I was in a similar position to you. I bought a MacBook Pro and about a week later started reading all of these articles here on /. about the nVidia chips failing. I noticed that my laptop was running extremely hot. Figuring that the chip is going to fail sooner than later, I went back to Best Buy and spent an extra couple hundred dollars for a three year, no questions asked replacement warranty. When the laptop does fail I'm just going to go get a new one.
    • by vonPoonBurGer (680105) on Wednesday September 10, 2008 @12:14PM (#24948117)

      So odds are high that this card is going to die early too.

      Did you buy a card with a lifetime warranty? Both EVGA [evga.com] and XFX [xfxforce.com] offer lifetime warranties on 8800GTs. Personally, I won't buy RAM or video cards from a company that doesn't offer a lifetime warranty, as there are more than enough manufacturers for both products offering these warranties. My current 8800GT is an EVGA, and it's nice knowing they're on the hook for this flaw if it happens to strike me. The card manufacturer has probably spent millions on Nvidia silicon, so they have clout to extract some compensation from Nvidia, whereas I do not.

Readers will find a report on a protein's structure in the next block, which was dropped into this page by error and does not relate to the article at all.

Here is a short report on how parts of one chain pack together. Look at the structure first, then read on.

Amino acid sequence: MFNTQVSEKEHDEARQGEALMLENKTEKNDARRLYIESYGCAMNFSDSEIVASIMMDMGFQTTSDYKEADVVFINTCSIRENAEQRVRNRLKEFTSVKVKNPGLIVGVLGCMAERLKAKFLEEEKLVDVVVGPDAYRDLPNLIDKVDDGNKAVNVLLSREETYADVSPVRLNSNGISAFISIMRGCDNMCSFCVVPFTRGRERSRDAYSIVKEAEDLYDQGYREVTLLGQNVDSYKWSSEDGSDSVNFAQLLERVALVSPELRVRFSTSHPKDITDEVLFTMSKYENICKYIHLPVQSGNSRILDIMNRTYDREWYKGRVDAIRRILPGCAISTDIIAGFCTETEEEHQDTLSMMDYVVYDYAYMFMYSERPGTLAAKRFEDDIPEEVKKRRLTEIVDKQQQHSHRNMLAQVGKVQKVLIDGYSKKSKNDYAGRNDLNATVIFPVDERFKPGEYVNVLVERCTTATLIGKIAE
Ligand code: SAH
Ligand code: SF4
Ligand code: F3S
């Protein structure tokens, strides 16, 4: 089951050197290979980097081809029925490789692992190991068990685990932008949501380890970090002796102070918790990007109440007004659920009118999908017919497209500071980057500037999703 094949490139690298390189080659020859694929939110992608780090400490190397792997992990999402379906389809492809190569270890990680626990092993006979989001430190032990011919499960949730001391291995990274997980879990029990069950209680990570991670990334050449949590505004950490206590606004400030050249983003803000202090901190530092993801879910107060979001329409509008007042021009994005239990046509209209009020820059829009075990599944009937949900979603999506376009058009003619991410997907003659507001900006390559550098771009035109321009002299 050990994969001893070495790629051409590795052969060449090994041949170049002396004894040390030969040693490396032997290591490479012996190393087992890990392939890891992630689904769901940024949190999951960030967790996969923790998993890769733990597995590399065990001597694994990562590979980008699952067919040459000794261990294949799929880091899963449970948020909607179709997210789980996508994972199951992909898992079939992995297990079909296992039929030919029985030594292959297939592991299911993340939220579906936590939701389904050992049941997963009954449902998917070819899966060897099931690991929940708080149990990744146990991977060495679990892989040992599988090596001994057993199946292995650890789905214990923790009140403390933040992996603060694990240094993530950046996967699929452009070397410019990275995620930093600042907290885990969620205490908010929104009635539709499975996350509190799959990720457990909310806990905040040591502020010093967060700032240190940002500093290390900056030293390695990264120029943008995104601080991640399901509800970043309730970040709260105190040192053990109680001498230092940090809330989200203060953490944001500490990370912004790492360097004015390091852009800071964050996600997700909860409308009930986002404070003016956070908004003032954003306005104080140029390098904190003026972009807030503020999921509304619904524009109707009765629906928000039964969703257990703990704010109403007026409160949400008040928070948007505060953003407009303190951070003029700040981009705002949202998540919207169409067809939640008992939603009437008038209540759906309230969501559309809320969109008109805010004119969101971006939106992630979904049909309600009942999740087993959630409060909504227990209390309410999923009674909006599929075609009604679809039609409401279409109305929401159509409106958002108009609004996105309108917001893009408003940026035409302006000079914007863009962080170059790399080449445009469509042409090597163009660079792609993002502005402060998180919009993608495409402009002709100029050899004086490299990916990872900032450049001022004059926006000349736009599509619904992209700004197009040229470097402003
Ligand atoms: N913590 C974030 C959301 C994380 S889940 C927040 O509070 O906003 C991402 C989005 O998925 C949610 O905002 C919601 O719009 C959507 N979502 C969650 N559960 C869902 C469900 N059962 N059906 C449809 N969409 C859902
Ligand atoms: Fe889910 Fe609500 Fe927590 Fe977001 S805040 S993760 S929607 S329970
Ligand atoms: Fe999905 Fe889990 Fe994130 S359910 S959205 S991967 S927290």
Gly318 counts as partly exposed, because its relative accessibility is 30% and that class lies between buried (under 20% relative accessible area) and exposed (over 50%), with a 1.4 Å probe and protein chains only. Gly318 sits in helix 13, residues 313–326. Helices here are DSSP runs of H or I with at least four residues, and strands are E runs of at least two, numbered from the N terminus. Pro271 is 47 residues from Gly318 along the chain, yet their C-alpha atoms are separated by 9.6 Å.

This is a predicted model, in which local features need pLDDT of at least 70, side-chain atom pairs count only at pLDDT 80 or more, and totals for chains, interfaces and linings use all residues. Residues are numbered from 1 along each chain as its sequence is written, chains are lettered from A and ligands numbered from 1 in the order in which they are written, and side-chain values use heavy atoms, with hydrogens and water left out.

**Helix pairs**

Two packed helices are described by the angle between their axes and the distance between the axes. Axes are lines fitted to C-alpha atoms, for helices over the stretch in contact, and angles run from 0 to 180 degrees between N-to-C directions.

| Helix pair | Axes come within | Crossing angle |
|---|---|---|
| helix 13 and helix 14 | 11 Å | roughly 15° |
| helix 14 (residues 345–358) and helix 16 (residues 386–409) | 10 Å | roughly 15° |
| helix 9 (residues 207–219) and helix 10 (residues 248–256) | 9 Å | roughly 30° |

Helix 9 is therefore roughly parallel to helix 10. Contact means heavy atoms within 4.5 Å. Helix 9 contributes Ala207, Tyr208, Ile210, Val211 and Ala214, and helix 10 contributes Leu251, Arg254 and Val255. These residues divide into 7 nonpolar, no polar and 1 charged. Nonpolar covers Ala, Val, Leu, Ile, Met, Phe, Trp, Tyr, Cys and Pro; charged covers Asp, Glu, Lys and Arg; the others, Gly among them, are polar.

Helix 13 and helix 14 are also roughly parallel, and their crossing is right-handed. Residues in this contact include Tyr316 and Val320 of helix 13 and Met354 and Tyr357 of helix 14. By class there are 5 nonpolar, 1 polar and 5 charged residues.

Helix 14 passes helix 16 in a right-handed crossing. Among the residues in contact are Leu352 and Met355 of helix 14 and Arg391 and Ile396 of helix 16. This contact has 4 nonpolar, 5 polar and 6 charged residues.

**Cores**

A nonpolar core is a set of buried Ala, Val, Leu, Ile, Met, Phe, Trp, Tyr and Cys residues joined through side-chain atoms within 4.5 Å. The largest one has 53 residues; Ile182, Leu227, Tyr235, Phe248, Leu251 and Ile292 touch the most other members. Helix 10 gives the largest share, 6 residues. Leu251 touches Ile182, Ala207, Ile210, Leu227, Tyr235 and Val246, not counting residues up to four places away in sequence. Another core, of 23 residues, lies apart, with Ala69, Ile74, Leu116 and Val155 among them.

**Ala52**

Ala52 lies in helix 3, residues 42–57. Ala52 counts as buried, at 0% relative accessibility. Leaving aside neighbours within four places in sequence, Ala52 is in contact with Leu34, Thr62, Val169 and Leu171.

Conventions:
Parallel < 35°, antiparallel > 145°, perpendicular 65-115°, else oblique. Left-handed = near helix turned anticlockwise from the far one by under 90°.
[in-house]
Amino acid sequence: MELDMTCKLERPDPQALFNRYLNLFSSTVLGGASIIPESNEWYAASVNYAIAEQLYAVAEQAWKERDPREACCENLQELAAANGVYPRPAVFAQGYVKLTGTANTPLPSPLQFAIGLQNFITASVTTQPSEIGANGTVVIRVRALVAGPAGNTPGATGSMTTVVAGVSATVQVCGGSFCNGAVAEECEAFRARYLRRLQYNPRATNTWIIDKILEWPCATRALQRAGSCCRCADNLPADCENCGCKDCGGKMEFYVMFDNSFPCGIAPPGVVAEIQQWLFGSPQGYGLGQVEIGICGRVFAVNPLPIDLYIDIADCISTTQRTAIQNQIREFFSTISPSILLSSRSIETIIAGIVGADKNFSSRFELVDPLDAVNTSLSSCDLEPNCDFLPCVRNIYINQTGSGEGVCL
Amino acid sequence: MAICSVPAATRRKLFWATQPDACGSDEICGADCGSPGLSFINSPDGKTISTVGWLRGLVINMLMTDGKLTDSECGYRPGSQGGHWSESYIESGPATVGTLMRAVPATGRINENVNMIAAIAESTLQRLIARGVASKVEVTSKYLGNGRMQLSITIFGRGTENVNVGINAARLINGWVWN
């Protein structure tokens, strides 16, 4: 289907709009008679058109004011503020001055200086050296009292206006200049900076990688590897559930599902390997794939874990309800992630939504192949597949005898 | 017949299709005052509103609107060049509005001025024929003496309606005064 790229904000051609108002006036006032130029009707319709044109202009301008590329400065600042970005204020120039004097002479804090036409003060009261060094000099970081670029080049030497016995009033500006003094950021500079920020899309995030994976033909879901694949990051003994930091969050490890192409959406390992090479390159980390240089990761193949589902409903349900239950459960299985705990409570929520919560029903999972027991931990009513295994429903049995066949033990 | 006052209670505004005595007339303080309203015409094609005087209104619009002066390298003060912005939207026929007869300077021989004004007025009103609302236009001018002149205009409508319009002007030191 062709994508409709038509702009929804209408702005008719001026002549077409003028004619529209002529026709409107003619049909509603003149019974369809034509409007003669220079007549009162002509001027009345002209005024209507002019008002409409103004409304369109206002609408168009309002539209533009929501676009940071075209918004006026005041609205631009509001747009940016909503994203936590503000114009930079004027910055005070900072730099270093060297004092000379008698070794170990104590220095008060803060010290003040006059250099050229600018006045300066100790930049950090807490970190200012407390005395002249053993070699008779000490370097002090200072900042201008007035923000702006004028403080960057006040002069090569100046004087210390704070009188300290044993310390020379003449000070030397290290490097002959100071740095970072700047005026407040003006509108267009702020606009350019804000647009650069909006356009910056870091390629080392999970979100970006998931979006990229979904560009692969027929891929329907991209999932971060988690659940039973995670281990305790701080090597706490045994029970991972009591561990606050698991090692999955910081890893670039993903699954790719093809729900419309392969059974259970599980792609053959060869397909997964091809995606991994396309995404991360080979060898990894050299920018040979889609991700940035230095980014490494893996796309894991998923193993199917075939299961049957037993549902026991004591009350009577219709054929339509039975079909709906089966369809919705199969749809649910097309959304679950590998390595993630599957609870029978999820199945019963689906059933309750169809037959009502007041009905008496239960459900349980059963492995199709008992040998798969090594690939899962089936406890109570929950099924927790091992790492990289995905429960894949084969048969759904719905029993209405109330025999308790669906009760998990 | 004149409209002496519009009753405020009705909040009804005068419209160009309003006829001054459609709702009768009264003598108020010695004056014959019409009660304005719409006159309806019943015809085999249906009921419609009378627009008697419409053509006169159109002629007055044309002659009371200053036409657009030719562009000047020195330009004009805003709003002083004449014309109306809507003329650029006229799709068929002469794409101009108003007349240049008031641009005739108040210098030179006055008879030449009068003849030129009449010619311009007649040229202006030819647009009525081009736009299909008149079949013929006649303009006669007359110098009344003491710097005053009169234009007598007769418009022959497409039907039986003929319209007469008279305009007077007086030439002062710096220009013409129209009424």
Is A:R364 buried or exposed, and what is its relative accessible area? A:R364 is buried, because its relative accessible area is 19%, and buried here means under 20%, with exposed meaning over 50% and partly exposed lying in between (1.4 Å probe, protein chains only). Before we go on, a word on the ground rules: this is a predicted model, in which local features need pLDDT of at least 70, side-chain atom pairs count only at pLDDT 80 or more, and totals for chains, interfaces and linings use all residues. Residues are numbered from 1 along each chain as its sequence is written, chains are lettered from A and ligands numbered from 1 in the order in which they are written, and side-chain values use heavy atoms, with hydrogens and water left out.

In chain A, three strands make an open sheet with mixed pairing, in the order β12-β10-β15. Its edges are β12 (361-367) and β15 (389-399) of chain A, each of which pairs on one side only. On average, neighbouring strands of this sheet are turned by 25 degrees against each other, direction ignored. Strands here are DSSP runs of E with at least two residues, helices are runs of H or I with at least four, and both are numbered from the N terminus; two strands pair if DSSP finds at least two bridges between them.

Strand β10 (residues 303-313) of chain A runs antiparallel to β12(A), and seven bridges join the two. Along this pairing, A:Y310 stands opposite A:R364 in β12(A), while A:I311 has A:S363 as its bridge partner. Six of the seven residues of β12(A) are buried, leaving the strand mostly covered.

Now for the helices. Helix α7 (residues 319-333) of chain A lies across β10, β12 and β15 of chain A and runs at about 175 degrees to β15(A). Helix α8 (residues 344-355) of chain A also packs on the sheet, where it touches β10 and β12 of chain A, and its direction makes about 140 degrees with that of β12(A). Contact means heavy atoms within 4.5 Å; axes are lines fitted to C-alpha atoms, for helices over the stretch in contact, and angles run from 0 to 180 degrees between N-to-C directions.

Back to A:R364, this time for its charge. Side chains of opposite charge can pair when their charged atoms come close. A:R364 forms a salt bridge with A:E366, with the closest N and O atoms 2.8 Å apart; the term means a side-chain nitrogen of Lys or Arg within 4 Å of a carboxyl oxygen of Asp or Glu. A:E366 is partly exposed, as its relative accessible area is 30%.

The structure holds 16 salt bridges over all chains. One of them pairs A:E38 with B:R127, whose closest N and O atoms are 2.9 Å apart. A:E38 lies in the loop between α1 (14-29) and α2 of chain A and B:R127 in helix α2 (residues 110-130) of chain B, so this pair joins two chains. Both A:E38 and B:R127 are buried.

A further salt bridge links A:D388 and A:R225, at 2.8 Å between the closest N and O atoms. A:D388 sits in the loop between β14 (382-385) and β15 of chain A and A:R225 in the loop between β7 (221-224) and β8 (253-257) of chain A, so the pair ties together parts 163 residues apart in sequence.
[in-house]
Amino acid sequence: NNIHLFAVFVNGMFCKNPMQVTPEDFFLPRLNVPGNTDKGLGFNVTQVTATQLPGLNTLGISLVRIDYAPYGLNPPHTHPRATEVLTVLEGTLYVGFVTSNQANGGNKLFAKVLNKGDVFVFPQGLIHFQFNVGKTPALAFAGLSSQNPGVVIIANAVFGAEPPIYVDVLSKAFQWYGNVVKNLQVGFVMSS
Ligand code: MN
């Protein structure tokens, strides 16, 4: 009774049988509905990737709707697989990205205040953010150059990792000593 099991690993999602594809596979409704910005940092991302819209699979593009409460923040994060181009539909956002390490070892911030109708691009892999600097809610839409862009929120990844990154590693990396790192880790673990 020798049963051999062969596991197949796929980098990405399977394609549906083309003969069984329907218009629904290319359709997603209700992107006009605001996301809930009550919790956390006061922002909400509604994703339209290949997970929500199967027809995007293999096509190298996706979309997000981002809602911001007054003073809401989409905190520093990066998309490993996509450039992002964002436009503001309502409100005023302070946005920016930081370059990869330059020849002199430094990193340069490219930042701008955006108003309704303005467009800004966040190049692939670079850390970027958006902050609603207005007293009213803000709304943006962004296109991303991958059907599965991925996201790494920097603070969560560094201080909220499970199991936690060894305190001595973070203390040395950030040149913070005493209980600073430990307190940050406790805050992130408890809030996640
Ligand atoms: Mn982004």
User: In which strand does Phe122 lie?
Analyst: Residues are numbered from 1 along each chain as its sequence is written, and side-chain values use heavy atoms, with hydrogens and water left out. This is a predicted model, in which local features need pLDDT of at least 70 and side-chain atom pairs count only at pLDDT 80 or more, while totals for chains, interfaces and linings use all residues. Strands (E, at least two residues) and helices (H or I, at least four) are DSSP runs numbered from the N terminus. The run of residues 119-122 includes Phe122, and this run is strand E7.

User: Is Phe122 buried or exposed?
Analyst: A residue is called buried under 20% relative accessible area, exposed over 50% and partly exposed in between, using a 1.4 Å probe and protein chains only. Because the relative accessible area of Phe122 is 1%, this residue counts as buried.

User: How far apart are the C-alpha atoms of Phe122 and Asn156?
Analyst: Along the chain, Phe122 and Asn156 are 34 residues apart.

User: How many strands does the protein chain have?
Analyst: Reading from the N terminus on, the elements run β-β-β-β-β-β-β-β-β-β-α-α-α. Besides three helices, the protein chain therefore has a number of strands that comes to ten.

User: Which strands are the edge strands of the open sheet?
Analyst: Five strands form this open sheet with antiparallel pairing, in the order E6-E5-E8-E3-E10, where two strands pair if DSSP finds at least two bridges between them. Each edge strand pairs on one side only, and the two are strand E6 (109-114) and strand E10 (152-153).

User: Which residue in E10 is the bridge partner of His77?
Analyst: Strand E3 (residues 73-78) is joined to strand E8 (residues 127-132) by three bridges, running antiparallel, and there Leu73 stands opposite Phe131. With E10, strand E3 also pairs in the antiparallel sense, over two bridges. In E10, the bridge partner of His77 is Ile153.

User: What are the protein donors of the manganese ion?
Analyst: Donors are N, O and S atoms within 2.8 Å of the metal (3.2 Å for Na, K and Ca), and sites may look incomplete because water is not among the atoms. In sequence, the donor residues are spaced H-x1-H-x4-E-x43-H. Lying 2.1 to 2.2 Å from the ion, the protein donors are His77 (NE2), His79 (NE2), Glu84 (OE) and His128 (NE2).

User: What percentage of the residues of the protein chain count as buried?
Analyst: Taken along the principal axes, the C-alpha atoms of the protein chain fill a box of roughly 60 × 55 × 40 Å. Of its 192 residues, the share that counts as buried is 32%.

• by RingDev (879105)

        Interesting, I think the 8600GT that died was an EVGA, I'll have to see if I still have it laying around.

        -Rick

      • Re: (Score:3, Informative)

        by ACMENEWSLLC (940904)

        I had a Cisco 400 with a lifetime warranty. It died a while back. It was out of warranty. Apparently Lifetime for Cisco means 5 years.

        I hope my 8600M GT doesn't have to deal with it. It's in my MacBook Pro, so no easy card swap.

      • by ivan256 (17499) on Wednesday September 10, 2008 @01:44PM (#24949515)

        I had one from PNY. I called to have them make good on the lifetime warranty, and was told that "lifetime" meant the lifetime of that product line, and since they no longer make that card, it's no longer covered. I went back and read the fine print, and sure enough, that's exactly what the warranty said.